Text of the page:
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Carbon capture and storage in the U.S. : a sinking climate solution

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dc.contributor.advisor Judith Layzer. en_US
dc.contributor.author Henschel, Rachel Hockfield en_US
dc.contributor.other Massachusetts Institute of Technology. Dept. of Urban Studies and Planning. en_US
dc.date.accessioned 2009-11-06T16:22:27Z
dc.date.available 2009-11-06T16:22:27Z
dc.date.copyright 2009 en_US
dc.date.issued 2009 en_US
dc.identifier.uri http://hdl.handle.net/1721.1/49703
dc.description Thesis (M.C.P.)--Massachusetts Institute of Technology, Dept. of Urban Studies and Planning, 2009. en_US
dc.description Includes bibliographical references (p. 56-63). en_US
dc.description.abstract Coal-fired power plants produce half of the United States' electricity and are also the country's largest emitter of carbon dioxide, the greenhouse gas responsible for climate change. Carbon Capture and Storage (CCS) is a proposed technological solution that will sequester CO2 in the ground. Proponents of CCS have framed it as a "clean coal technology" and broadcast the story that it will solve both our dependence on coal and prevent future climate change impacts. However, the technology is not a practicable solution for climate change, even with the most generous timetables and goals for atmospheric carbon. It cannot be scaled in time, costs too much, has serious environmental risks, and will face public resistance. Yet, CCS remains a part of future U.S. energy policy because the coal and electric utility industries have funded an attractive message and story for it. Environmental advocacy organizations are unable to create an effective counter-story because they are split into two coalitions. Therefore, the public is not mobilized and there is no incentive for legislators to challenge coal and CCS. en_US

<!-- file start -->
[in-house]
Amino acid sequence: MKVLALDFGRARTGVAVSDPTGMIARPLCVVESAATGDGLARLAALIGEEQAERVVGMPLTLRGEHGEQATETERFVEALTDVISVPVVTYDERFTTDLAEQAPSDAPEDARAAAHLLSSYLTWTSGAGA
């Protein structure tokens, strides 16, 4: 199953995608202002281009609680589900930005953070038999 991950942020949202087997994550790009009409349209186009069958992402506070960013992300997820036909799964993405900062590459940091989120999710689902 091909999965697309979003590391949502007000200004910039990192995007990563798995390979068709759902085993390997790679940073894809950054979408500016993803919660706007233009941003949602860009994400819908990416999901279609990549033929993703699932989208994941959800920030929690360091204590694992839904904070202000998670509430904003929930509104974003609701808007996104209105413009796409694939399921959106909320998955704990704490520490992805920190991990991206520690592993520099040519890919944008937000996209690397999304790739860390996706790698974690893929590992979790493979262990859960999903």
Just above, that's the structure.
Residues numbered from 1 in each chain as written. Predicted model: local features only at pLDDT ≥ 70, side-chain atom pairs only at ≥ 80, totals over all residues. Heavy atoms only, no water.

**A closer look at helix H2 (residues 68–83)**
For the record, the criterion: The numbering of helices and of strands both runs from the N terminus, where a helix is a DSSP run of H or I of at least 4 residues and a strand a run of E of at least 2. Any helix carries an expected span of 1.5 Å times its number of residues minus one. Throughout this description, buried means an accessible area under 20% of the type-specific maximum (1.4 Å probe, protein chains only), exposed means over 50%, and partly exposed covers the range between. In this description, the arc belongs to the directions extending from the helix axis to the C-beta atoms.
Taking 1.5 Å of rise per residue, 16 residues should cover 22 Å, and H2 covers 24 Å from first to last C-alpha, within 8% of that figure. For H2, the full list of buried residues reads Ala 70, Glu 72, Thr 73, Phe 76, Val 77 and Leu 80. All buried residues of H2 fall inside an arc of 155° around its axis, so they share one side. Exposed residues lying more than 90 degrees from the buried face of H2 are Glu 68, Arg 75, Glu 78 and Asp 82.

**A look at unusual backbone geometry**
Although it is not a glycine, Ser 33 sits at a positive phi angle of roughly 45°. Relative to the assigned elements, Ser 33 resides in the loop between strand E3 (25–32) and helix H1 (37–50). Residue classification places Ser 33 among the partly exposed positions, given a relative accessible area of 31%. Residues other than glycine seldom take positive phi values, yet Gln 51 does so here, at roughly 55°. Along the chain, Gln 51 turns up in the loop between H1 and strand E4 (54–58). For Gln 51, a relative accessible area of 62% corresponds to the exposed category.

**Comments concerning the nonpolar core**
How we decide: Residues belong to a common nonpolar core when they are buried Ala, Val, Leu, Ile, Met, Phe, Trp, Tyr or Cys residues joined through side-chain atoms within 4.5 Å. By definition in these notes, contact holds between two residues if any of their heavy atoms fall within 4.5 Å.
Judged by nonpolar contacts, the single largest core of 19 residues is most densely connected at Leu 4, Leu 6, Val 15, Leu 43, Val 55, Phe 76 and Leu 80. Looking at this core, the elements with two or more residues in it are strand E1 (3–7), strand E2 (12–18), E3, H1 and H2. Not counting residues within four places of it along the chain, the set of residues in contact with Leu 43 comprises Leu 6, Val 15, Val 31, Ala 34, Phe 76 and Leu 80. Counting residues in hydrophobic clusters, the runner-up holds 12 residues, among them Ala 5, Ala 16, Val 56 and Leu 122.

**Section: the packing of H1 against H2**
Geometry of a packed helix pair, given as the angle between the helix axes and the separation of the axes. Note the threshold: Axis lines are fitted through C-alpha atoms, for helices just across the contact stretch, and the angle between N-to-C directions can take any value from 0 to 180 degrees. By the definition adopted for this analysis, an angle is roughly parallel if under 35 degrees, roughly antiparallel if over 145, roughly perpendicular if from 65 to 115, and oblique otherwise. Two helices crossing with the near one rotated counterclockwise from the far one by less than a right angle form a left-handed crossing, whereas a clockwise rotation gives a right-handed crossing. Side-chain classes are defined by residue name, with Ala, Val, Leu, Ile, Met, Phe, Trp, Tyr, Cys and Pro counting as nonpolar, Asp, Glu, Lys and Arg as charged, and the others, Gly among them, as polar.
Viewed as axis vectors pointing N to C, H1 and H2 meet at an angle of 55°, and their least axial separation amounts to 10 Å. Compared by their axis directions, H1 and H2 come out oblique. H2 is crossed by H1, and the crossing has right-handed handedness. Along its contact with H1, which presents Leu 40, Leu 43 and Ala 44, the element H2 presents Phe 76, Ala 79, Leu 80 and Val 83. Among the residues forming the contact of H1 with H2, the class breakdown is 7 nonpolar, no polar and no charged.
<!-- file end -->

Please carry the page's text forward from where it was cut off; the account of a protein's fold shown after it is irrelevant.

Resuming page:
dc.description.statementofresponsibility by Rachel Hockfield Henschel. en_US
dc.format.extent 65 p. en_US
dc.language.iso eng en_US
dc.publisher Massachusetts Institute of Technology en_US
dc.rights M.I.T. theses are protected by copyright. They may be viewed from this source for any purpose, but reproduction or distribution in any format is prohibited without written permission. See provided URL for inquiries about permission. en_US
dc.rights.uri http://dspace.mit.edu/handle/1721.1/7582 en_US
dc.subject Urban Studies and Planning. en_US
dc.title Carbon capture and storage in the U.S. : a sinking climate solution en_US
dc.type Thesis en_US
dc.description.degree M.C.P. en_US
dc.contributor.department Massachusetts Institute of Technology. Dept. of Urban Studies and Planning. en_US
dc.identifier.oclc 436283959 en_US


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